Unicef UK has launched an internal review after bullying allegations against its chair led to high-profile resignations at the charity.
Sacha Deshmukh, the charity’s executive director, reportedly resigned in protest at the board’s response to bullying allegations made against the chair, according to Third Sector. He had only been in the role since April.
Unicef UK’s chair, the former Labour MP Douglas Alexander, denies any wrongdoing but resigned last week due to the inquiry.
Vice-chair Caroline Underwood has also left the charity. In a long statement on Linkedin which was later deleted, she said she was “very, very sad”. She added and that “something has gone horribly wrong” but that she had never witnessed any bullying behaviour.
She wrote: “On a personal day-to-day level, I have only seen Douglas to be considered, compassionate and polite.”
She also said that Deshmukh is “an outstanding individual, determined, focused, passionate”.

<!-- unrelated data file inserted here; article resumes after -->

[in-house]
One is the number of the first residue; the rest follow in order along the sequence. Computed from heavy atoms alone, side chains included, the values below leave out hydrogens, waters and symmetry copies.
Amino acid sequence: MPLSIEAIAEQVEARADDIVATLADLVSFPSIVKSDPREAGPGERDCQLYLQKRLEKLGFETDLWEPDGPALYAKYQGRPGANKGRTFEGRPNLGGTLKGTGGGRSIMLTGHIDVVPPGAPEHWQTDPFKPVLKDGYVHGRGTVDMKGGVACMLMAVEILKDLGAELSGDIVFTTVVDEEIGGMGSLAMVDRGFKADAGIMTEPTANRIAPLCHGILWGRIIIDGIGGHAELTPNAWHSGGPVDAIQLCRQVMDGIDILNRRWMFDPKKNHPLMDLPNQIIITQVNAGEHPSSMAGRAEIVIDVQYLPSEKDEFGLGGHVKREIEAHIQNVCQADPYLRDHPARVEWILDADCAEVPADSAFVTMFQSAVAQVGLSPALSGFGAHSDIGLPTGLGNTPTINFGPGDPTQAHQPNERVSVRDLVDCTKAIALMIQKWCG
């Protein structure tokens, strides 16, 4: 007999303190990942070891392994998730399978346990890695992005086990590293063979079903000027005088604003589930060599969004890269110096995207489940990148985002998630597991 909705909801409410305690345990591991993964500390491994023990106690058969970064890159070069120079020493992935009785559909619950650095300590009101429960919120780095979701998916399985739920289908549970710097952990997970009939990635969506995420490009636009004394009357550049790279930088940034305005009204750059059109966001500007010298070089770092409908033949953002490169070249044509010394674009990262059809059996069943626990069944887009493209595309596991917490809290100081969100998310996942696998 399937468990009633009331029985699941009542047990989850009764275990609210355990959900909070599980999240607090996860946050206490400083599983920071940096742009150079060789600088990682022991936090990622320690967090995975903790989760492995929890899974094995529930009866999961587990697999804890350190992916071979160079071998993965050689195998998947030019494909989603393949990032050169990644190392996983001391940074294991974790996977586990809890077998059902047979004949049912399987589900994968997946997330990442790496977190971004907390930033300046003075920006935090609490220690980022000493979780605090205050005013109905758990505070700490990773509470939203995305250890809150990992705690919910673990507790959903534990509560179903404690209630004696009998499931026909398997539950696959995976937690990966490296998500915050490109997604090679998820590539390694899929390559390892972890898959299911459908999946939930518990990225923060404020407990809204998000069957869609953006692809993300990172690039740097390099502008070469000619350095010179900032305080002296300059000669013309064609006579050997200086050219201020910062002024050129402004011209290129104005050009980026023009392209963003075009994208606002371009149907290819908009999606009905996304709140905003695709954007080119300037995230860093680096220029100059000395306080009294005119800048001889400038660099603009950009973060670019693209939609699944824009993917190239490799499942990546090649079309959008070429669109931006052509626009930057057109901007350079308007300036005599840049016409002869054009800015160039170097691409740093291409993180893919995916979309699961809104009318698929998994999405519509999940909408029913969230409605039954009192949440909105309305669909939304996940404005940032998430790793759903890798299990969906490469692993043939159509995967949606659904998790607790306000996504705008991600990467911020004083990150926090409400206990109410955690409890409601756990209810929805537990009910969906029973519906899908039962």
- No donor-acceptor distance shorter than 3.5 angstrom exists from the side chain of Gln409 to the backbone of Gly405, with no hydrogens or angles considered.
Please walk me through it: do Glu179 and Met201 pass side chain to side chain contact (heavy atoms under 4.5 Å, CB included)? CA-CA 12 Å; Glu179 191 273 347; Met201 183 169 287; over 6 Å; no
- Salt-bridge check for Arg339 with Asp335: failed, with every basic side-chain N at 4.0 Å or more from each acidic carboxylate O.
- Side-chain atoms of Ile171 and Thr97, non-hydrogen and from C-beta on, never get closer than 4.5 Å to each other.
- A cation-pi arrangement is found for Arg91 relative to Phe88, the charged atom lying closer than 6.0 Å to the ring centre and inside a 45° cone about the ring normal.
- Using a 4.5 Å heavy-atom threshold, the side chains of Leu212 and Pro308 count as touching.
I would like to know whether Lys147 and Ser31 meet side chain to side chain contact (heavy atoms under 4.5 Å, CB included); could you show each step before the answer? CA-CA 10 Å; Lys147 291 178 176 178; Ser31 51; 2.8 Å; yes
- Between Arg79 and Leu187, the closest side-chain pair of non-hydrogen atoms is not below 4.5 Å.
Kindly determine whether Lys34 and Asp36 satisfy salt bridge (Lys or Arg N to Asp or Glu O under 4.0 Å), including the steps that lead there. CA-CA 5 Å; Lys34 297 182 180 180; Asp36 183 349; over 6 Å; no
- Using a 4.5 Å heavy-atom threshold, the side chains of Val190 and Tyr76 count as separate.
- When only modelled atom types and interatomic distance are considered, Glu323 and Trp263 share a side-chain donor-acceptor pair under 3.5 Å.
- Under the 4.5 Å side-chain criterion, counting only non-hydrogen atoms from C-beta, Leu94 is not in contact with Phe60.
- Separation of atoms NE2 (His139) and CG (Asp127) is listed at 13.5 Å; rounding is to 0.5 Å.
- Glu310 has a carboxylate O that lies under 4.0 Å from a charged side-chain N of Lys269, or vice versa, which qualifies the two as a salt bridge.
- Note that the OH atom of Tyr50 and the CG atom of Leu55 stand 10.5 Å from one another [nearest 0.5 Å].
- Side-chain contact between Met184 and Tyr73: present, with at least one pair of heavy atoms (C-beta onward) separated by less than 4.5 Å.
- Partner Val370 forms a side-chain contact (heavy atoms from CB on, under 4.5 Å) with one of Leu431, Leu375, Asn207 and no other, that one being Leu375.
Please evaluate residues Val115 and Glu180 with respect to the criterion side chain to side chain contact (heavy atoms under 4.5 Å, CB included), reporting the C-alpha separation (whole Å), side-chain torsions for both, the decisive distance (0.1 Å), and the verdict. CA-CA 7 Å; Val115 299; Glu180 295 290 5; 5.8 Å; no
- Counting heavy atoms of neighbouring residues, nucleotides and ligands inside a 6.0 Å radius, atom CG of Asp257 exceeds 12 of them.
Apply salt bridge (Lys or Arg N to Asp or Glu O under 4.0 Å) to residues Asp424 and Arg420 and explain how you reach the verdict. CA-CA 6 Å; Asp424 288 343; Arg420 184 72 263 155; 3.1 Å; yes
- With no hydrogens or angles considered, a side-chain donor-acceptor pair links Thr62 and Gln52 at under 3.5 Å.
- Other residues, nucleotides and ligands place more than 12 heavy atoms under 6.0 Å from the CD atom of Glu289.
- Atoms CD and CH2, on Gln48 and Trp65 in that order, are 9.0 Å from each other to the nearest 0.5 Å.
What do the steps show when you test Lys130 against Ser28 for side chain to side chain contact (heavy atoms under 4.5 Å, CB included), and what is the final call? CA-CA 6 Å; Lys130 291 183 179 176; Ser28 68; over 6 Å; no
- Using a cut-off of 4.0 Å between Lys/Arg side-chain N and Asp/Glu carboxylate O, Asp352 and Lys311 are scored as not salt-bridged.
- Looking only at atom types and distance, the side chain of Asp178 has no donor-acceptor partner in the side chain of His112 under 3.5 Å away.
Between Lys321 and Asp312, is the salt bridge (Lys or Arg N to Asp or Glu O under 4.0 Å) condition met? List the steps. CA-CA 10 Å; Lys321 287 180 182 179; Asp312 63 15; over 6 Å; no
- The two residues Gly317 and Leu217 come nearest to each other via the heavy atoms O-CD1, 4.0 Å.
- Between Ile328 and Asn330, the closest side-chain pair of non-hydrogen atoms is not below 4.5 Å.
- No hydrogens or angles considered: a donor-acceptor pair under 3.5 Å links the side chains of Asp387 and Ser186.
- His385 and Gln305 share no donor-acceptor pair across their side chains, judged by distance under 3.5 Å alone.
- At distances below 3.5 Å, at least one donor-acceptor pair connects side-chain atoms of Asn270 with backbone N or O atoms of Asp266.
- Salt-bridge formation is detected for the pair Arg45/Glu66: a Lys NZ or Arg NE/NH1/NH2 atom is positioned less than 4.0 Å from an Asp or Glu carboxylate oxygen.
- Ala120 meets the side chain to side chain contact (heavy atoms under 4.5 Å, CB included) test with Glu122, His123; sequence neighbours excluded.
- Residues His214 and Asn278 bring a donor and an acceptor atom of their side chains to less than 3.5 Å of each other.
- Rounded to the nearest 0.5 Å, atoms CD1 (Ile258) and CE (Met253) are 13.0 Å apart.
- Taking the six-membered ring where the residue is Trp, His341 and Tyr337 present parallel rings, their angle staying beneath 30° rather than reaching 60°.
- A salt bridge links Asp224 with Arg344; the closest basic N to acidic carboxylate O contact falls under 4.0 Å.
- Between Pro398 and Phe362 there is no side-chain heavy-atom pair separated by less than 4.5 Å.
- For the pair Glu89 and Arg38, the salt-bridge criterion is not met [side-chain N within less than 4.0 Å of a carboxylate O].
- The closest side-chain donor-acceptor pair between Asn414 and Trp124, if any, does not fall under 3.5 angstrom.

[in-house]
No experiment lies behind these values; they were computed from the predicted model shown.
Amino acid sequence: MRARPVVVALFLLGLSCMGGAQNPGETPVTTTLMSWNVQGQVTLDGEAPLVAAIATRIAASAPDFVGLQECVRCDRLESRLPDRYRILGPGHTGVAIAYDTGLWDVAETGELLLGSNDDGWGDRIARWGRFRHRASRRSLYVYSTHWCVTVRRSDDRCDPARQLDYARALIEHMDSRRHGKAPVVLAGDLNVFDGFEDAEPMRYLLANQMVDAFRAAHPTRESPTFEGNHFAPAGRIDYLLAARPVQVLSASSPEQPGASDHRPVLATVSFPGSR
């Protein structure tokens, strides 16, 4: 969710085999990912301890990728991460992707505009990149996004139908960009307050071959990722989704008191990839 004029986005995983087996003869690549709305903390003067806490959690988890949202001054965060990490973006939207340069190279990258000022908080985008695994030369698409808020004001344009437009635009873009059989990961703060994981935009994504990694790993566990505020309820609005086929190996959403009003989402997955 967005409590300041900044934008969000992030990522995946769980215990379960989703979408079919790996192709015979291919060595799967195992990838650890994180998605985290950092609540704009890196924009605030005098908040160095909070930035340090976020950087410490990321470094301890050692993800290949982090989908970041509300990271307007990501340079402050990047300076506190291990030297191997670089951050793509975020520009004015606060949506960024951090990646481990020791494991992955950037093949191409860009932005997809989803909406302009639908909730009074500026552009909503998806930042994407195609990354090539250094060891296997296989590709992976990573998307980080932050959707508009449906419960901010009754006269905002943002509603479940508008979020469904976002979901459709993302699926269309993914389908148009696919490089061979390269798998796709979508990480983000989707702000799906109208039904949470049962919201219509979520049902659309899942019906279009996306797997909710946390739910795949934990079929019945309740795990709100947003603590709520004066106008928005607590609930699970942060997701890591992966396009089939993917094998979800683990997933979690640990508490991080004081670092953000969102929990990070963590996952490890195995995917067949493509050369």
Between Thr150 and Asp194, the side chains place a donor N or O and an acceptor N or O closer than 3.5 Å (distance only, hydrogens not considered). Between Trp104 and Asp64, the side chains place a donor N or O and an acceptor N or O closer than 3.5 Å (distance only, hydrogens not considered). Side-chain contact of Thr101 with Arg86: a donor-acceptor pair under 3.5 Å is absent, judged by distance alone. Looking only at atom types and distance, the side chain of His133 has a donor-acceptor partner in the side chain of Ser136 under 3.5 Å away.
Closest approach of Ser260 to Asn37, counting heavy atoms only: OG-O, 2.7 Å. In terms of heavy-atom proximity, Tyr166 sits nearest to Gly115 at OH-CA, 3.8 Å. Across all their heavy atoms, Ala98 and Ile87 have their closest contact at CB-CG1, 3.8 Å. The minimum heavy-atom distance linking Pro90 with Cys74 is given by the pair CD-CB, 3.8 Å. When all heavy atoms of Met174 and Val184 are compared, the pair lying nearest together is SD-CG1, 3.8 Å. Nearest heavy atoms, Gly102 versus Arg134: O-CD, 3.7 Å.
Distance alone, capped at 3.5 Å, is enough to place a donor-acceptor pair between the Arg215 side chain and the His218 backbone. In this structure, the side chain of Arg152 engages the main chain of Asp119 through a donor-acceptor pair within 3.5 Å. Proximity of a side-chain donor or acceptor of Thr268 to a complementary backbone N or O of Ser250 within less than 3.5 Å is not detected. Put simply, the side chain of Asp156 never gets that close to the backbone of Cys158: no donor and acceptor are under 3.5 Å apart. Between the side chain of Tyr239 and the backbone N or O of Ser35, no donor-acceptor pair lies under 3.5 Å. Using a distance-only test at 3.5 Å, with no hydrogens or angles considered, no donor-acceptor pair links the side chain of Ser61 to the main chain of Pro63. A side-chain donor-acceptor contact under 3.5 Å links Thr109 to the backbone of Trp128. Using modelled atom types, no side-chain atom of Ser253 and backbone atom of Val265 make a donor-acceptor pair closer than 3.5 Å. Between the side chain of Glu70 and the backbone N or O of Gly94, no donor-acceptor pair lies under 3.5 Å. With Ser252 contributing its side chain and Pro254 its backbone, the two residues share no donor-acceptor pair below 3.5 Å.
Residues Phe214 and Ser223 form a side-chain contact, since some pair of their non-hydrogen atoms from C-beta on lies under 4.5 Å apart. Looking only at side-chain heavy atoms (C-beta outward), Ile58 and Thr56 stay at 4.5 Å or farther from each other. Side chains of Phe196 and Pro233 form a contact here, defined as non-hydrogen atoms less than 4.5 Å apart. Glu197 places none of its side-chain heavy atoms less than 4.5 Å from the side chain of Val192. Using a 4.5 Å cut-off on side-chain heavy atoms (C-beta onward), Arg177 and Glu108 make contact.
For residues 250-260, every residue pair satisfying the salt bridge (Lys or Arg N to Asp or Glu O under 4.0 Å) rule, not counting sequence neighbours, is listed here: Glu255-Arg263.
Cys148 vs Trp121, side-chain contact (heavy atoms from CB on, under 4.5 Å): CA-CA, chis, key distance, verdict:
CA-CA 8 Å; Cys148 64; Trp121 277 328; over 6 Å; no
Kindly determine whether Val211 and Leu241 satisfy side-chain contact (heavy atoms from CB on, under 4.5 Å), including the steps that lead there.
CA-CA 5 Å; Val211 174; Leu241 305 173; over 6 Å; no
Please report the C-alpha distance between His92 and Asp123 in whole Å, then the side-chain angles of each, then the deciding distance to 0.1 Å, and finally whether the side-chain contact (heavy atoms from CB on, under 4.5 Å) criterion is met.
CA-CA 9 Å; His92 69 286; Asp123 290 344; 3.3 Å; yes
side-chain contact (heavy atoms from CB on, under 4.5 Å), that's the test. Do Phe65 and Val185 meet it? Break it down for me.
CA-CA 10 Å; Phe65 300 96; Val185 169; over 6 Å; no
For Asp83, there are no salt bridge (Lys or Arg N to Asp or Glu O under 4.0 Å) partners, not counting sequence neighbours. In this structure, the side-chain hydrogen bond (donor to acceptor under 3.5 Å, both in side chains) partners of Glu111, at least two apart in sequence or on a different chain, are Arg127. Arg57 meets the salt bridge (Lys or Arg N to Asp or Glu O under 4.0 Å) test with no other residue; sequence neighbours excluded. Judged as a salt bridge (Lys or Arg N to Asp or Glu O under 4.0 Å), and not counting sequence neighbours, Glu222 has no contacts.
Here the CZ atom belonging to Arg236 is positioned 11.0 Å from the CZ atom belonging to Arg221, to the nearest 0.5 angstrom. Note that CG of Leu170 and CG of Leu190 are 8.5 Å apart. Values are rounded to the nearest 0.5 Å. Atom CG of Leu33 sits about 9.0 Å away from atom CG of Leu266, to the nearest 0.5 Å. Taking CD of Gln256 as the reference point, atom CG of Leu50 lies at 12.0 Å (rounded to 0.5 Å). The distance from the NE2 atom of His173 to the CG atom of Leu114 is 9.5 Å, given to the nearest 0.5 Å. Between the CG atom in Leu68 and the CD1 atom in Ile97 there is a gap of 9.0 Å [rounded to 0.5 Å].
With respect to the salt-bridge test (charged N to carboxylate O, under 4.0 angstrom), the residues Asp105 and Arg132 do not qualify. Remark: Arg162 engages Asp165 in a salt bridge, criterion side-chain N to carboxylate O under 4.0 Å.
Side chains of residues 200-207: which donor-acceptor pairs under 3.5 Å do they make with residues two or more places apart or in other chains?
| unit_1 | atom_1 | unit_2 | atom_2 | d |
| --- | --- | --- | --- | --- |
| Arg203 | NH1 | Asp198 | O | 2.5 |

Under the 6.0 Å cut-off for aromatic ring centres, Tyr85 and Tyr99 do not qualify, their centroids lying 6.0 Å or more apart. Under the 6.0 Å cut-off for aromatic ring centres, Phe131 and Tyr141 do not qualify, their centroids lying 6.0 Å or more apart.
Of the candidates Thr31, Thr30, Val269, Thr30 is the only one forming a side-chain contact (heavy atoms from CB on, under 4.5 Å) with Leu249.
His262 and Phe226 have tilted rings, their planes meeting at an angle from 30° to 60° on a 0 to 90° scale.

Law firm to carry out 'swift and thorough review'
Unicef UK said in a statement on Thursday: “Regarding yesterday’s media coverage about Sacha Deshmukh’s resignation, a full review has been launched by the board, which will be led by an external adviser from the law firm Bates Wells. The review is intended to be swift and thorough.”
The charity has now appointed its treasurer Shatish Dasani as interim chair. It also said the search for a new chair will start immediately.
Sophie Gallois, currently deputy executive director for communication, advocacy and programmes, and Steven Waugh, currently chief financial officer, have been appointed as interim joint executive directors.
Shatish Dasani said: “Unicef UK’s purpose is to make the world a better place for children. The board is looking to ensure that the organisation changes and the implementation of actions arising from the review makes us stronger in fulfilling this purpose.”